‘The Office’ Christmas Episodes: Why This Embarrassing Holiday Episode Is the Worst in TV History
With office Christmas parties in full swing, it’s a good time to reflect on the holiday episodes of the television series The Office. The show focuses on a team working in a suburban office in Pennsylvania, so it’s no surprise there’s been an episode or two surrounding Christmas parties. While most are great, one Christmas episode turned out to be so embarrassing that it qualifies as the absolute worst holiday episode of a TV series in the history of television.
‘The Office’ features episodes surrounding Christmas parties
Over nine seasons of The Office, seven of them focused on a staff Christmas party. Episode 10 of season 2 titled Christmas Party saw Michael (Steve Carell) breaking corporate policy to buy alcohol for the staff after the annual party was on its way to disastrous boredom.
Moroccan Christmas was the title of the season four, episode 10 holiday show. In this episode, Angela (Angela Kinsey) was blackmailed by Phyllis (Phyllis Smith) into doing work for the yearly party. Michael then turned the whole event into an intervention after Meredith (Kate Flannery) got drunk and set her hair on fire.
Another Christmas party happened during season six, episode 13. Michael got upset when Jim (John Krasinski) promised Phyllis that she could be office Santa during Secret Santa. Sadly, the office party was overshadowed by some bad news from David Wallace (Andy Buckley).
Episode 11 of season seven was titled Classy Christmas. Michael threw an elaborate Christmas party to celebrate Holly’s (Amy Ryan) temporary return to the Scranton branch. He was disappointed to learn that she still had a boyfriend.
In Christmas Wishes, episode 10 of season eight, Andy (Ed Helms) tried to make that year’s Christmas the best ever by granting each person’s holiday wishes. Robert California (James Spader) chose that year to drown his sorrows at the office Christmas party.
In the final season, episode nine was dedicated to the annual office Christmas event. In Dwight Christmas, Dwight (Rainn Wilson) put together a Dutch-themed party which he ended abruptly because Jim had to leave for his other job. In the meantime, Erin (Ellie Kemper) sought comfort from a co-worker after receiving a disappointing text from Andy.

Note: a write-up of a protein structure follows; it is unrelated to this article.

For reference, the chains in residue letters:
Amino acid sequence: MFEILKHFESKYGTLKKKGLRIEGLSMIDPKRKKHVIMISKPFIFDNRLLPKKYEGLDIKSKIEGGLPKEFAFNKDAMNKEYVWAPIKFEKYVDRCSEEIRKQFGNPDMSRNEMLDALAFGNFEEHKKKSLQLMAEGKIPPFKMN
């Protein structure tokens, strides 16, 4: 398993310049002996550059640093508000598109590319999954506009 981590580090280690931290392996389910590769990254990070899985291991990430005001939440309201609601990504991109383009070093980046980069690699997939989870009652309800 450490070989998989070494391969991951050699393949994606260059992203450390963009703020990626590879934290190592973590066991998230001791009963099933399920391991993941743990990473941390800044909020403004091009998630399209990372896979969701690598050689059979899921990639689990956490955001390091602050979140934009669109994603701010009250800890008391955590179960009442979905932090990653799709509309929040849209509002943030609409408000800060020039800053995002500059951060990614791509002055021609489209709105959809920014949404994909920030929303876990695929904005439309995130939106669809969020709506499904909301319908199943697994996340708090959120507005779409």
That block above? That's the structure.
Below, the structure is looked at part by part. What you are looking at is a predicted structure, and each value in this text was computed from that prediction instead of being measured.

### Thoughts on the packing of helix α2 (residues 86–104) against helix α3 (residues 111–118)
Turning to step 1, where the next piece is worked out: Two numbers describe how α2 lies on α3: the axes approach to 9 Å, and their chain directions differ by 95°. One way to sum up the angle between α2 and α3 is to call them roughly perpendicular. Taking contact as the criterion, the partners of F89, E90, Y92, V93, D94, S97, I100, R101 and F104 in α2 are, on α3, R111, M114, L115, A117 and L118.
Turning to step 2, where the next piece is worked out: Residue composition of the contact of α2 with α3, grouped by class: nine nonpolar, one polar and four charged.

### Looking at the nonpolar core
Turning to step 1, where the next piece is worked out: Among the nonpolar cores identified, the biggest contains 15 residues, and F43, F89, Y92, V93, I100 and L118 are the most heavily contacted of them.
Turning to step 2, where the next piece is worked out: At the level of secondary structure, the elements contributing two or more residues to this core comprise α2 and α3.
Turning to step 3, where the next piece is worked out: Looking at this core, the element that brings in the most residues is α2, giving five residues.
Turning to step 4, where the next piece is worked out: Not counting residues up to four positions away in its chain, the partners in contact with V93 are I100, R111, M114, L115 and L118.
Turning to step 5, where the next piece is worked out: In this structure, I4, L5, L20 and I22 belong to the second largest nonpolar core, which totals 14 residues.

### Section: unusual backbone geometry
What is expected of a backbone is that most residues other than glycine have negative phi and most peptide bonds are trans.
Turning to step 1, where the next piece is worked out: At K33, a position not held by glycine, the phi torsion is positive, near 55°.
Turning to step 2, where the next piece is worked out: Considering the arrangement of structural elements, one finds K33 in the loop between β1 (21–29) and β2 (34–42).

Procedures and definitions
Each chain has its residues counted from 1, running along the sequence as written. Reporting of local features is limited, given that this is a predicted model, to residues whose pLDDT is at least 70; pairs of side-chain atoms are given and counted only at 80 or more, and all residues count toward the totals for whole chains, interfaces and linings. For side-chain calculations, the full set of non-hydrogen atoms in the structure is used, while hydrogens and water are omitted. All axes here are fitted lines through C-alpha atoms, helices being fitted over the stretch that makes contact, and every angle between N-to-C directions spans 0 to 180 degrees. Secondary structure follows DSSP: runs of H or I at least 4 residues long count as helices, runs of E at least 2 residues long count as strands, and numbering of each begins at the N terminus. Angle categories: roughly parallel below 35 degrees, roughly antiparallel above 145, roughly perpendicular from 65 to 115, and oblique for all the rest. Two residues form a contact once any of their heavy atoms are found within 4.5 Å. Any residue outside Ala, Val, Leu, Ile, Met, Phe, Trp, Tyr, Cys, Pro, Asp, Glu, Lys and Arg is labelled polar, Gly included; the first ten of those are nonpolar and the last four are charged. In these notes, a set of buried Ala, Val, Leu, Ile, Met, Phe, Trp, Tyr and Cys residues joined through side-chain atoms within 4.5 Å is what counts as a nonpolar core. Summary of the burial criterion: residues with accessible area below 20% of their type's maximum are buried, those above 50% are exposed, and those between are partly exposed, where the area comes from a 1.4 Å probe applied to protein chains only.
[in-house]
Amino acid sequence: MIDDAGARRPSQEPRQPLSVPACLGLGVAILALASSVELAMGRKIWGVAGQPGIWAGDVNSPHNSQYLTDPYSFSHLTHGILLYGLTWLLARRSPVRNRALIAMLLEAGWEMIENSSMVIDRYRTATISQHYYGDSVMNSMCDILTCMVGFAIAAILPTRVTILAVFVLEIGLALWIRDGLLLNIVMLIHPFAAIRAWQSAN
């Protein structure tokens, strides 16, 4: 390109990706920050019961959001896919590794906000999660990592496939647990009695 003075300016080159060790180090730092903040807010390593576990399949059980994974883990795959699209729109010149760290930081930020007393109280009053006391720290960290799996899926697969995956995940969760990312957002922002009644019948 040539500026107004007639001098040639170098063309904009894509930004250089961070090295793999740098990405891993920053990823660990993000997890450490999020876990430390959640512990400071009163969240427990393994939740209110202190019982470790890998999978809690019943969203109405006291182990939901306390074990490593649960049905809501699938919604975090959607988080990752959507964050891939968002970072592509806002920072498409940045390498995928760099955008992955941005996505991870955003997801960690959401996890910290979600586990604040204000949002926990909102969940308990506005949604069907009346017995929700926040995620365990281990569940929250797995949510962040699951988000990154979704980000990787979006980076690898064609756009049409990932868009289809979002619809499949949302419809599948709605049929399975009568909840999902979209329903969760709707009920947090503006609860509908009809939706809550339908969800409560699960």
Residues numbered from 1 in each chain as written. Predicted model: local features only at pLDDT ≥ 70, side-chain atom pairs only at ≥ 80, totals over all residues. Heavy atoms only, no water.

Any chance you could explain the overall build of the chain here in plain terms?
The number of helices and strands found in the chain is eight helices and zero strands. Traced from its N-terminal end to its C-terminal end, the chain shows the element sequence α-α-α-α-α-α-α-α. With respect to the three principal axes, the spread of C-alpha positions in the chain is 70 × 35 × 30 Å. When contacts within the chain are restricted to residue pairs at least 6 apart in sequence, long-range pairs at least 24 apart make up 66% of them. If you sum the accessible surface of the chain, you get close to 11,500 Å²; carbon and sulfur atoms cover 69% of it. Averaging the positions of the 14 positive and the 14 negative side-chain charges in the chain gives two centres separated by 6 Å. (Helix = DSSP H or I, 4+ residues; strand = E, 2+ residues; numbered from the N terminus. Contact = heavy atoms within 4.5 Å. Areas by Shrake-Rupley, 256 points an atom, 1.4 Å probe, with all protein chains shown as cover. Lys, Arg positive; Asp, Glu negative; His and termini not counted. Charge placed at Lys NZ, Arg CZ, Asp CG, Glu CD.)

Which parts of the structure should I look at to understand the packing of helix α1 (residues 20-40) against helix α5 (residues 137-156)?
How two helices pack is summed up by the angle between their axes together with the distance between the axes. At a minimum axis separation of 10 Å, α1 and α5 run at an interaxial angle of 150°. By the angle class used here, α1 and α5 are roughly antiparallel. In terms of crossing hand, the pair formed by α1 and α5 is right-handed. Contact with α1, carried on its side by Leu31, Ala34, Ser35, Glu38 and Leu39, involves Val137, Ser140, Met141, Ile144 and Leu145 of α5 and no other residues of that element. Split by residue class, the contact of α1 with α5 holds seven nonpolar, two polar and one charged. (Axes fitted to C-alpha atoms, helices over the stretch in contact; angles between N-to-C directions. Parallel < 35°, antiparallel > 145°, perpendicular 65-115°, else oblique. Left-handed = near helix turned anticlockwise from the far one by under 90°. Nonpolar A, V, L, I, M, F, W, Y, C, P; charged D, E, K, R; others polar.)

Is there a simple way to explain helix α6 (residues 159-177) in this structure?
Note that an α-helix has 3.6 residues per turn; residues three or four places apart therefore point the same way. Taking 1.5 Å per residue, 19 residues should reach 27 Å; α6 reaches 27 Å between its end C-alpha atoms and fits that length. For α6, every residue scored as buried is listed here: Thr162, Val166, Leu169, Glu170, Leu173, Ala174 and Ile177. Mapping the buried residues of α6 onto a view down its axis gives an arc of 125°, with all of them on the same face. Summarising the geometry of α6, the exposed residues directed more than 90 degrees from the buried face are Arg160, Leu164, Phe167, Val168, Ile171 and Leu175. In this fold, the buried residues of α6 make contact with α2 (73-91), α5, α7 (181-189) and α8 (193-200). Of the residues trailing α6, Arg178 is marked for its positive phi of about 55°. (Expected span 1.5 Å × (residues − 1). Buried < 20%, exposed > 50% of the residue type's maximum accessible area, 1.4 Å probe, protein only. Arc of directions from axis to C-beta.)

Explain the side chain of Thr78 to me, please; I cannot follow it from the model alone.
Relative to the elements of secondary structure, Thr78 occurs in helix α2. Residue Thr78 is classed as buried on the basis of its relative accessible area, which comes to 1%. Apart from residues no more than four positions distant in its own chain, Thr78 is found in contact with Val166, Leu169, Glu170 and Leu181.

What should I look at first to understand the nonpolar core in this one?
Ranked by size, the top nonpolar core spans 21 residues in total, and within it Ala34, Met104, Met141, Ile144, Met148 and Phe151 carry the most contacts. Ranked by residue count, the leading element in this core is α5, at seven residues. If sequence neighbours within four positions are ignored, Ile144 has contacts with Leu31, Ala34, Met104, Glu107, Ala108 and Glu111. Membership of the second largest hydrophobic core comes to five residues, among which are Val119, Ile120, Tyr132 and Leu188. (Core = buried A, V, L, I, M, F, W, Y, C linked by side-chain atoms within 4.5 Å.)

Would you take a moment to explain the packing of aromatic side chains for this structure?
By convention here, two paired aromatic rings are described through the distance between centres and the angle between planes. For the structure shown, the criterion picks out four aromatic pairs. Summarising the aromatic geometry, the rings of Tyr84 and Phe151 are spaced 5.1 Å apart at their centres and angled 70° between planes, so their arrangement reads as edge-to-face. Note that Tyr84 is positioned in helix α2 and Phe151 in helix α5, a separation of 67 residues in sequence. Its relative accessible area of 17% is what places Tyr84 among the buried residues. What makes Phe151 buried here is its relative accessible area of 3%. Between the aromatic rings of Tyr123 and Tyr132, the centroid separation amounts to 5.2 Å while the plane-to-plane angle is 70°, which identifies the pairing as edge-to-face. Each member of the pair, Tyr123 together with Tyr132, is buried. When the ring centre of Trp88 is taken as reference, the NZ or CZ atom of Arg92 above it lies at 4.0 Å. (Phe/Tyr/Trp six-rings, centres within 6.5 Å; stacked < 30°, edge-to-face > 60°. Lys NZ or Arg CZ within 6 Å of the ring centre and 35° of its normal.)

The worst Christmas episode of ‘The Office’
Episode 10 of season three was titled A Benihana Christmas. This episode first aired on December 14, 2006.
Trouble brewed among the members of the party planning committee resulting in the office having two competing Christmas parties; a margarita/karaoke party in the break room hosted by Karen (Rashida Jones) and Pam (Jenna Fischer), and one organized by Angela in the conference room.
Michael wasn’t interested in celebrating as he had just broken up with his girlfriend, so Andy decided to take him out to forget his troubles. Along with an entourage consisting of Jim and Dwight, the men end up at Benihana Restaurant. Here, Andy aids Michael in getting slightly drunk and then convinces him to ask out their Japanese waitress.
The embarrassment comes when Andy and a drunk Michael escort two Japanese waitresses from the restaurant to Angela’s Christmas party. During the party, Michael, who is now extremely drunk, confuses his date with Andy’s saying that all waitresses look alike, barely catching himself before saying that all Asian people look alike.
How does the episode end?
Michael then goes into the kitchen where both of the waitresses are and tries to discretely ask aloud which is his date. When she acknowledges herself, Michael marks her arm with a marker. This stereotypical reference contributed to this episode of The Office qualifying as the worst Christmas episode ever to air.
The waitresses wind up leaving the party and Michael is back to his depressed state. Jim comes up and gets him to laugh at the whole situation saying that what he had with the waitress was nothing more than a rebound, a fun distraction.
Even though the episode ends on a more positive note, the whole thing was in poor taste. It riffed on an age-old racist stereotype about minorities looking the same.